Michael John Dunaway Lifestream

October 6, 2008

Eighties Atlanta Punk Lives Again (for Paste)

Filed under: Entertainment,Magazine articles by MJD,Paste articles by MJD,Uncategorized — michaeljohndunaway @ 2:52 am
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Unabridged version of an article I wrote for Paste…see the published version here.

Eighties Atlanta Punk Lives Again at the Masquerade Saturday Night
By Michael Dunaway

Full disclosure — I am not the city’s leading expert in the ways of punk. I had discovered punk as early as seventh grade (about the time the Eighties began), first through new wave bands like Blondie and Devo, then later through a local Macon band called Vex. From that point my friends and I, high schoolers now, moved on to shows by local Atlanta and Athens bands, and then to records by more established national bands — Black Flag, Social Distortion, The Ramones, Dead Kennedys. But punk was then, and remains now, only a tile in my mosaic of musical experience — though I’ve since discovered the joys of the Sex Pistols, Husker Du, and The Stooges, I’ve discovered many other genres as well, and in my iTunes you’ll find Social Distortion nestled comfortably between Snow Patrol and Sonny Rollins.

Still, I have the greatest of memories of coming up to Atlanta to play with the big punk boys. The Metroplex and 688 were, for my friends and me, the ports of entry to a half-mythical land much edgier and cooler than anything we could find in Macon. In Macon, even the local punk shows had their share of jocks and preps in the audience; it was more of a cool “Look Ma, I’m rebelling” scene than the truly revolutionary world we saw in films like Suburbia and Decline of Western Civilization. But the Atlanta punk scene was the real deal – true punk music and true punk attitude, complete with all the piercings, Mohawks, dyed hair, slam-dancing, and stage stunts that really did seem exciting and dangerous back in the early eighties.

Saturday night’s Atlanta Eighties Punk Reunion at the Masquerade brought it all back. It didn’t look quite like I remember the Metroplex circa 1983 – there were a lot more Dockers walking around, and I’m sure there were more credit card tabs at the bar than in the entire history of Metroplex and 688 combined. But I saw even that as encouraging, actually – even the kids that grew up to be bankers and lawyers still have a passion for the music. That’s a good thing. And the evening didn’t play out, anyway, as a re-creation of that great scene from the Eighties – how could it? It was more of a tribute to that time. And it worked.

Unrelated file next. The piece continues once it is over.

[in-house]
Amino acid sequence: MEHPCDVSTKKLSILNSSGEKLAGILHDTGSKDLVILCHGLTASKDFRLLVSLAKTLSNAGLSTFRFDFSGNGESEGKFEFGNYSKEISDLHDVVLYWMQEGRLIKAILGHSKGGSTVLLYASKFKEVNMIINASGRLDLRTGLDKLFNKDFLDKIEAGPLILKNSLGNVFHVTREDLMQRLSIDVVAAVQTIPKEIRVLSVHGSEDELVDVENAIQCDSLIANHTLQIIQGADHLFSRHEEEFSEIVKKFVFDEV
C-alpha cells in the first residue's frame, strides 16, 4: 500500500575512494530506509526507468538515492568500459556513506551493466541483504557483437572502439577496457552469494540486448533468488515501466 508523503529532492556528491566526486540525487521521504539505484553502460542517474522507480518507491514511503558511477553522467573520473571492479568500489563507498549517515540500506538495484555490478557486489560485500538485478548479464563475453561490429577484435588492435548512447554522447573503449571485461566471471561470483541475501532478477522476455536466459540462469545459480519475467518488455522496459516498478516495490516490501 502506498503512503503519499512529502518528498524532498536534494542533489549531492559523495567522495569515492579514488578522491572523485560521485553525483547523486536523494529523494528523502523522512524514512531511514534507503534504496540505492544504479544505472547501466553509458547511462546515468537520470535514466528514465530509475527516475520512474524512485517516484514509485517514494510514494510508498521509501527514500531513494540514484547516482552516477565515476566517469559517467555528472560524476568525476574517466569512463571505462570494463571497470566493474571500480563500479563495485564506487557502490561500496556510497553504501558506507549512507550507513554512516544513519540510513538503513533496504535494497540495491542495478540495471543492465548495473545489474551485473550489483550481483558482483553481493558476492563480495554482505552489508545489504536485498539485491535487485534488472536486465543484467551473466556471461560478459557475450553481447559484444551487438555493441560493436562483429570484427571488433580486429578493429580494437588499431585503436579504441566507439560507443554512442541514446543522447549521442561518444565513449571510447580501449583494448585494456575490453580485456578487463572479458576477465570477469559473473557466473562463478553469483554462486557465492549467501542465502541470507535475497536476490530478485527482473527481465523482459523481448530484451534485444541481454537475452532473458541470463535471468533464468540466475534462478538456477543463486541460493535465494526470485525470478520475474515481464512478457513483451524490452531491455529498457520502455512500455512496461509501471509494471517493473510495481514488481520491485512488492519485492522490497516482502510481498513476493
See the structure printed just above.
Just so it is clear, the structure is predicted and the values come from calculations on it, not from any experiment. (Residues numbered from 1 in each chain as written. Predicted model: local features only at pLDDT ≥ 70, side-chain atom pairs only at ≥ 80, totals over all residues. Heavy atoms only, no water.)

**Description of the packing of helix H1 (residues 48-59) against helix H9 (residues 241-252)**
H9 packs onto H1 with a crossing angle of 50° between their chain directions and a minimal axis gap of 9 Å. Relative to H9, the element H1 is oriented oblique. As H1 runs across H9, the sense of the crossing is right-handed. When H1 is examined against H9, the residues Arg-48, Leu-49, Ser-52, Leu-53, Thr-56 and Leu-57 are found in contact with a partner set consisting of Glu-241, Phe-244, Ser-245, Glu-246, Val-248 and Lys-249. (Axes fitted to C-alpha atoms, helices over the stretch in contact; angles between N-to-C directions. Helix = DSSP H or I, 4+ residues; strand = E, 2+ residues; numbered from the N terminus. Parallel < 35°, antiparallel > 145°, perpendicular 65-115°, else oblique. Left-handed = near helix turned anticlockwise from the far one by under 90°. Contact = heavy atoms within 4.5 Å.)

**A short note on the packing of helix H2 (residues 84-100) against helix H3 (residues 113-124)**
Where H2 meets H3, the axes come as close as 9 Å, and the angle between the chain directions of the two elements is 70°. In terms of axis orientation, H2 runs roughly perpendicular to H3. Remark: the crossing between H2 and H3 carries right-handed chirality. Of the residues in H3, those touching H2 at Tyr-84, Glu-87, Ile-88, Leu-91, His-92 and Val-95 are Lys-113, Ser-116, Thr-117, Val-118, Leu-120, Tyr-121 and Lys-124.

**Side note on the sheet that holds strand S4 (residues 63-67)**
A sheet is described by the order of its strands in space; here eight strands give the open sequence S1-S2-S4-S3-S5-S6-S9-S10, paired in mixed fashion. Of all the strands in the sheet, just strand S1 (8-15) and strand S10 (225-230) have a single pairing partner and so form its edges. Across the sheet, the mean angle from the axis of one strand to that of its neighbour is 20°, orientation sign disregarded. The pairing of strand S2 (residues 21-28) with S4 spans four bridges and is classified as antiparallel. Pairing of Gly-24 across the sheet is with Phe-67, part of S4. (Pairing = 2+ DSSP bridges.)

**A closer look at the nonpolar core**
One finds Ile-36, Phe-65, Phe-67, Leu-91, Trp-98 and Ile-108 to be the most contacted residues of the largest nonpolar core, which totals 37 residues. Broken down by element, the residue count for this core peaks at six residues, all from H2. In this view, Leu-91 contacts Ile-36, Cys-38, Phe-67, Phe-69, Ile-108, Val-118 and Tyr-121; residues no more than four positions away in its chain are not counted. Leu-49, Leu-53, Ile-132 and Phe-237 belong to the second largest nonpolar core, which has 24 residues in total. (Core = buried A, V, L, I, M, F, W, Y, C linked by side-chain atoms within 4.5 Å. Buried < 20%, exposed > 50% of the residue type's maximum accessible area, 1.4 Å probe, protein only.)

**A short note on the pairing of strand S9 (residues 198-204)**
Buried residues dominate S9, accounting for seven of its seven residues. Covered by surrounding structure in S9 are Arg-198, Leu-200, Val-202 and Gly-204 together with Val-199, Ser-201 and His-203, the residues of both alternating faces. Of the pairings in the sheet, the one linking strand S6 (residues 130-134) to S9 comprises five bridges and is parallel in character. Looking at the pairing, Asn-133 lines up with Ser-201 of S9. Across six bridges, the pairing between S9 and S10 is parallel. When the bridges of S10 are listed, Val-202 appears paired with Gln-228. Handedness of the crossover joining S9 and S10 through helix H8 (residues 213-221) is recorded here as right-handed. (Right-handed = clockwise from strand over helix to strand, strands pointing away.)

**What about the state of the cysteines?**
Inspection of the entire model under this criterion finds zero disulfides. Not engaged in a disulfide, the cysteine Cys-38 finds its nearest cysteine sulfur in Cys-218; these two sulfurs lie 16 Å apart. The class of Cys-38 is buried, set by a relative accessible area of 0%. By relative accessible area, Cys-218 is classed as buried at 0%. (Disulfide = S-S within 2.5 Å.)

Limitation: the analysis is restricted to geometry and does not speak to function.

The music? Well, the music held up surprisingly well. The bands, most notably the legendary Swimming Pool Q’s, still have much of the fire and energy that punk had up until the mid-Eighties or so, which is more than I can say about most of the punk music being made today. In fact, counter-intuitively, sometimes a little age can actually make a punk band more energetic and authentic. Try telling Henry Rollins or Mike Ness or Iggy that they don’t rock anymore. Perhaps the biggest difference between those singers and the “punk” singers of today is the muscularity of the music. Those three sound like grown men up on the boards funneling true rage, not whiny teens moaning about Daddy not paying them enough attention. The Masquerade reunion was a fantastic turn-back-the-calendar, and not only as a walk down Memory Lane to a formative time in all our musical development, but also as a reminder of why the music was awe-inspiring in the first place.

I should add, too, that in case you missed the gathering you shouldn’t despair. I would be shocked if Masquerade doesn’t repeat this event, because the place was absolutely packed. So keep an eye on this space for a heads-up the next time it happens.

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